A note on long distance relationships written by an Indian woman living in the US was making its round among my circles. It certainly rings a chord, but I lack the strength and the conviction that she and so many other have within themselves.

Right this moment, 100% of my relationships are managed long distance: emails, phone calls, Skype video calls, Viber and Whatsapp texts.  In many cases, it’s compounded long-distance, for lack of better word. We who move around tend to bump into people that also jump places.

In 2010, I talked about the woe of traveling, not knowing what to do when I feel a spark that my realistic pessimism say wouldn’t stand against geography. 3 years later, I am not not running away anymore, but still have one foot at the door.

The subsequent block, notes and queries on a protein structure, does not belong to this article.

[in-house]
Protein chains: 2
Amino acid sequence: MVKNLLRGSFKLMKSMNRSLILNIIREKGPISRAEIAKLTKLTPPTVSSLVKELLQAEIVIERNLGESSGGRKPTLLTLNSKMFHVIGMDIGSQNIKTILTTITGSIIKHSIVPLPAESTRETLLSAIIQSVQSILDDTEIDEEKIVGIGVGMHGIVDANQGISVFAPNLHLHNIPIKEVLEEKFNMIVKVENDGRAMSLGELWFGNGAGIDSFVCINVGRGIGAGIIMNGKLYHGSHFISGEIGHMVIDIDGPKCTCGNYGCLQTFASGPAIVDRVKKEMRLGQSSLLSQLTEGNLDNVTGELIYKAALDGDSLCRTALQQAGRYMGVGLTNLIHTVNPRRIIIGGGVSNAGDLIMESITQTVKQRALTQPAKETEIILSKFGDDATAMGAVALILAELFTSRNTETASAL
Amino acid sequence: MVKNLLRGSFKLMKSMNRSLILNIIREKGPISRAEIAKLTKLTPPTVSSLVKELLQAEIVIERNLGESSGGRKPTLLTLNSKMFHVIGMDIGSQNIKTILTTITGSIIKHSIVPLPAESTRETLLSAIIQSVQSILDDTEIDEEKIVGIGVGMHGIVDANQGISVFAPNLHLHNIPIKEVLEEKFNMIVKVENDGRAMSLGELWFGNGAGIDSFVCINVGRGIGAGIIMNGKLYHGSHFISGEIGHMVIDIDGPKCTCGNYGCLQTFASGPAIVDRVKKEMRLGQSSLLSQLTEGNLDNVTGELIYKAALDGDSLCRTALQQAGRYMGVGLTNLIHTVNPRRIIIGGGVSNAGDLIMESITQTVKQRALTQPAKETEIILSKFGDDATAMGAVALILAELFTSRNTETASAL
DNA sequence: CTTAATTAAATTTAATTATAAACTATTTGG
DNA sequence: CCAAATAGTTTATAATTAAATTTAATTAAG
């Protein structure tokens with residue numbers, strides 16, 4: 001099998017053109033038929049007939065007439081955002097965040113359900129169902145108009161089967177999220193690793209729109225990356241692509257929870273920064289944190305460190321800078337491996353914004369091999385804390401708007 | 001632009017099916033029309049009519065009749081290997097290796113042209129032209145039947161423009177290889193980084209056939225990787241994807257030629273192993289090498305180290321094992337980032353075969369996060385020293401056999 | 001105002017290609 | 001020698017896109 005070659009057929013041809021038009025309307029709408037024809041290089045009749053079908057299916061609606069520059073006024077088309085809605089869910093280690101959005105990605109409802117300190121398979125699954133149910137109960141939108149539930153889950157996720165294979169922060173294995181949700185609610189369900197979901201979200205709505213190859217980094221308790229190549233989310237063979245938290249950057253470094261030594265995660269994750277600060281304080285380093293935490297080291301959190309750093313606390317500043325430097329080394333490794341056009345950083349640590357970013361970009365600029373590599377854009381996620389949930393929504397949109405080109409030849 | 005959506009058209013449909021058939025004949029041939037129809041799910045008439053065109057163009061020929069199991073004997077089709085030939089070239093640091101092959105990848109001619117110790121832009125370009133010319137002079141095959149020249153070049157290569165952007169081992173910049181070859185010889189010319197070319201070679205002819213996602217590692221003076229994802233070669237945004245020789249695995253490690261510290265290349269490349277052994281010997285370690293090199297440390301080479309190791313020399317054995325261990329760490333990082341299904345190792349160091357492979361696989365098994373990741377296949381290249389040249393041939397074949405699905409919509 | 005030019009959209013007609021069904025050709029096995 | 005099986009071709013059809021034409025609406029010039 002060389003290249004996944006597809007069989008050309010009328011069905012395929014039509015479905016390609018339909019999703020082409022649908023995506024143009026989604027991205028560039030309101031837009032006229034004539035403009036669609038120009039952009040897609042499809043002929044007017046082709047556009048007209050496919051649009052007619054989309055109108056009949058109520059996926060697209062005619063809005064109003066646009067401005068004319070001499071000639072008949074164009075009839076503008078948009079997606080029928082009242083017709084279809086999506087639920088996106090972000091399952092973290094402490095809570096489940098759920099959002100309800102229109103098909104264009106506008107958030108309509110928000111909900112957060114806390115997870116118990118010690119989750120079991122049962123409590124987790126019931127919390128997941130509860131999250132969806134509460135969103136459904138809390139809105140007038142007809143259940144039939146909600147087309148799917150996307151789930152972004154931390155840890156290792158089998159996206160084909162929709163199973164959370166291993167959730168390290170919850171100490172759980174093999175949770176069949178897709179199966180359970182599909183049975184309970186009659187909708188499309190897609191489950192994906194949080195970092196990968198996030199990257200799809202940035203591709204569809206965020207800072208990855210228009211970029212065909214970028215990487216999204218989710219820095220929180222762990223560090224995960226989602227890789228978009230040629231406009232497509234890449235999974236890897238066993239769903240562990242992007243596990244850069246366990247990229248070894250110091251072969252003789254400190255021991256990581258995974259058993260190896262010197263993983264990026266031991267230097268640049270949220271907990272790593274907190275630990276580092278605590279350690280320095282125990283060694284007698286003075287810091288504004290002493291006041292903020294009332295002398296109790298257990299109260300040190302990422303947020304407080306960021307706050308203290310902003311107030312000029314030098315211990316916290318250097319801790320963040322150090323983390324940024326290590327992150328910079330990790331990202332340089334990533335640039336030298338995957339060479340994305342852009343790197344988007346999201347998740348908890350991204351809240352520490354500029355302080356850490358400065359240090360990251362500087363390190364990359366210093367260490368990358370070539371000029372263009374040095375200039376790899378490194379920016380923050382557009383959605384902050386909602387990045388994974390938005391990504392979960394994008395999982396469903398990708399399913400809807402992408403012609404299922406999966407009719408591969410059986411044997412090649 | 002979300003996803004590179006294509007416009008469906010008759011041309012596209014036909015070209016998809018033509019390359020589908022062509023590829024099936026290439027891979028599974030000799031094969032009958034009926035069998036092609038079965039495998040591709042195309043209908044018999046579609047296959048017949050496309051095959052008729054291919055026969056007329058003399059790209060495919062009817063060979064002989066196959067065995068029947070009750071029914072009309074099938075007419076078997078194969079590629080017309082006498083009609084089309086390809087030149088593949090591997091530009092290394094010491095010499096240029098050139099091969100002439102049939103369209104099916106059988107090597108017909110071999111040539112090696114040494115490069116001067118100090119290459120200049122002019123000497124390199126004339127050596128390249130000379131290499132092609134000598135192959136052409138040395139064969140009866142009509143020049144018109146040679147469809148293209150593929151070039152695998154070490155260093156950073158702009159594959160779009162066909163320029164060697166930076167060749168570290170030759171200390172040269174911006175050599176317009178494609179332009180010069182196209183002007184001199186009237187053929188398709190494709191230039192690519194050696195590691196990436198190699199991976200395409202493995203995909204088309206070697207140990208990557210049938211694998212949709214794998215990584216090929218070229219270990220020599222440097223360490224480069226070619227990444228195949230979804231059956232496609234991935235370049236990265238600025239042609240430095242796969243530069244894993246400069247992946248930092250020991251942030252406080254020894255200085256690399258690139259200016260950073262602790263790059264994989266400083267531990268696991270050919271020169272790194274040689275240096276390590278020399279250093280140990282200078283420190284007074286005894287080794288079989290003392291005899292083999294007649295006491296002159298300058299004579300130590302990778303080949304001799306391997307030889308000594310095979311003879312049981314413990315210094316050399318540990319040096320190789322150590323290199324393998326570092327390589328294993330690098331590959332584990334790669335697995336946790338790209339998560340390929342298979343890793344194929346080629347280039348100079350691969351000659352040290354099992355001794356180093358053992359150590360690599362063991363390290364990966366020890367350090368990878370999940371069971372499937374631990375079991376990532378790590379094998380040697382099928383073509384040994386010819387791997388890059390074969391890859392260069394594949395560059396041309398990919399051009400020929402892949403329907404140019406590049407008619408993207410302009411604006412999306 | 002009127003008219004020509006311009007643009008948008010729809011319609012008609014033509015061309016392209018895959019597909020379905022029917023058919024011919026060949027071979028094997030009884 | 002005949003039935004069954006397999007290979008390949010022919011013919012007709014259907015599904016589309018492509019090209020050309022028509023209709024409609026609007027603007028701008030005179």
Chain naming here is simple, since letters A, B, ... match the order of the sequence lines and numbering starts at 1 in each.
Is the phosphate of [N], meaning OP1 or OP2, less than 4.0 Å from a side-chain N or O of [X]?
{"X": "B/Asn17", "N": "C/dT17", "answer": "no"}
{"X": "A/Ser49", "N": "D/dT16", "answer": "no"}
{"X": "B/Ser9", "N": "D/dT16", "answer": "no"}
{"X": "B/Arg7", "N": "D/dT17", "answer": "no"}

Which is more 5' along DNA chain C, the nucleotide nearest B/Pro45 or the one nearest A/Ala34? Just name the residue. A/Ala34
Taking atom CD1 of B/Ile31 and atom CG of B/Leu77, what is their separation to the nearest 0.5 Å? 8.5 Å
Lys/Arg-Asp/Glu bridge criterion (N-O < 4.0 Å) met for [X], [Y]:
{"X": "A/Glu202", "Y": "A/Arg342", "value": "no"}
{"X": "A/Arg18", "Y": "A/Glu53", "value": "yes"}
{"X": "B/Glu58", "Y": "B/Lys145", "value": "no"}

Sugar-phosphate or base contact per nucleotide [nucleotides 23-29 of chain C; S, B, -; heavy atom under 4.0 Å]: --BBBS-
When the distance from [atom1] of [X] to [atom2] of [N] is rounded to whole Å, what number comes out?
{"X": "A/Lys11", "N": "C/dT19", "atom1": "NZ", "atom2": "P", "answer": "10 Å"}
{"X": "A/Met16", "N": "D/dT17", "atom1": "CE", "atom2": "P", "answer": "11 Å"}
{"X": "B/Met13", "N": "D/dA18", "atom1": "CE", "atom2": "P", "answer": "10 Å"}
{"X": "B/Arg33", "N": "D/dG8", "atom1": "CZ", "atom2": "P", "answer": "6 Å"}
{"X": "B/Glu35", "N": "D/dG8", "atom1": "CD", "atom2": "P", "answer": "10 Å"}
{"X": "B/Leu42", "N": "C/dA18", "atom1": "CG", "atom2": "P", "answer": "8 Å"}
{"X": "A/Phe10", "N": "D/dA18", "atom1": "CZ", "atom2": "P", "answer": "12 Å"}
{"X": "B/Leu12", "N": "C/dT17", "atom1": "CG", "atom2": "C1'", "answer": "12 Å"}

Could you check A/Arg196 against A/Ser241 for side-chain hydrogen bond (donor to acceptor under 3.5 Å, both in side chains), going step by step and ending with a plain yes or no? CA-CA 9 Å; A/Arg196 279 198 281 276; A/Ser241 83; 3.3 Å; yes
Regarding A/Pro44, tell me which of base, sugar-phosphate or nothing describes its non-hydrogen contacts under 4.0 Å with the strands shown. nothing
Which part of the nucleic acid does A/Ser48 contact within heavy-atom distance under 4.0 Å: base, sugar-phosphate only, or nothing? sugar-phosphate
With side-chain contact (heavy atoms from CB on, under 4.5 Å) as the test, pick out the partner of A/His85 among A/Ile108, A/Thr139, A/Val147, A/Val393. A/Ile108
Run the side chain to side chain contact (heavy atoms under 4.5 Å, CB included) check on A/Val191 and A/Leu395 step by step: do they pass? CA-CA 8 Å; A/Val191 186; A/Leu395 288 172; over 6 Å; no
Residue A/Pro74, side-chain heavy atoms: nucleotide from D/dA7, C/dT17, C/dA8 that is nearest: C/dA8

The hardest part is the lack of those micro moments that seem so insignificant but whose absence amplifies and intensifies the emptiness. A brief look into the eyes, a soft touch on the hand, an accidental brush of the hair… In those split seconds, we verify and can assure ourselves again of our unspoken bond.

But the hardest is not the worst. The worst is you can’t be there when needed. When that person is broken and you know just being there, being able to hold hand and give a hug would mean so much more than the dozens of texts and calls, more than all the words of support and encouragement you can utter. The first time I realized this, and not one, but two people need me to be there.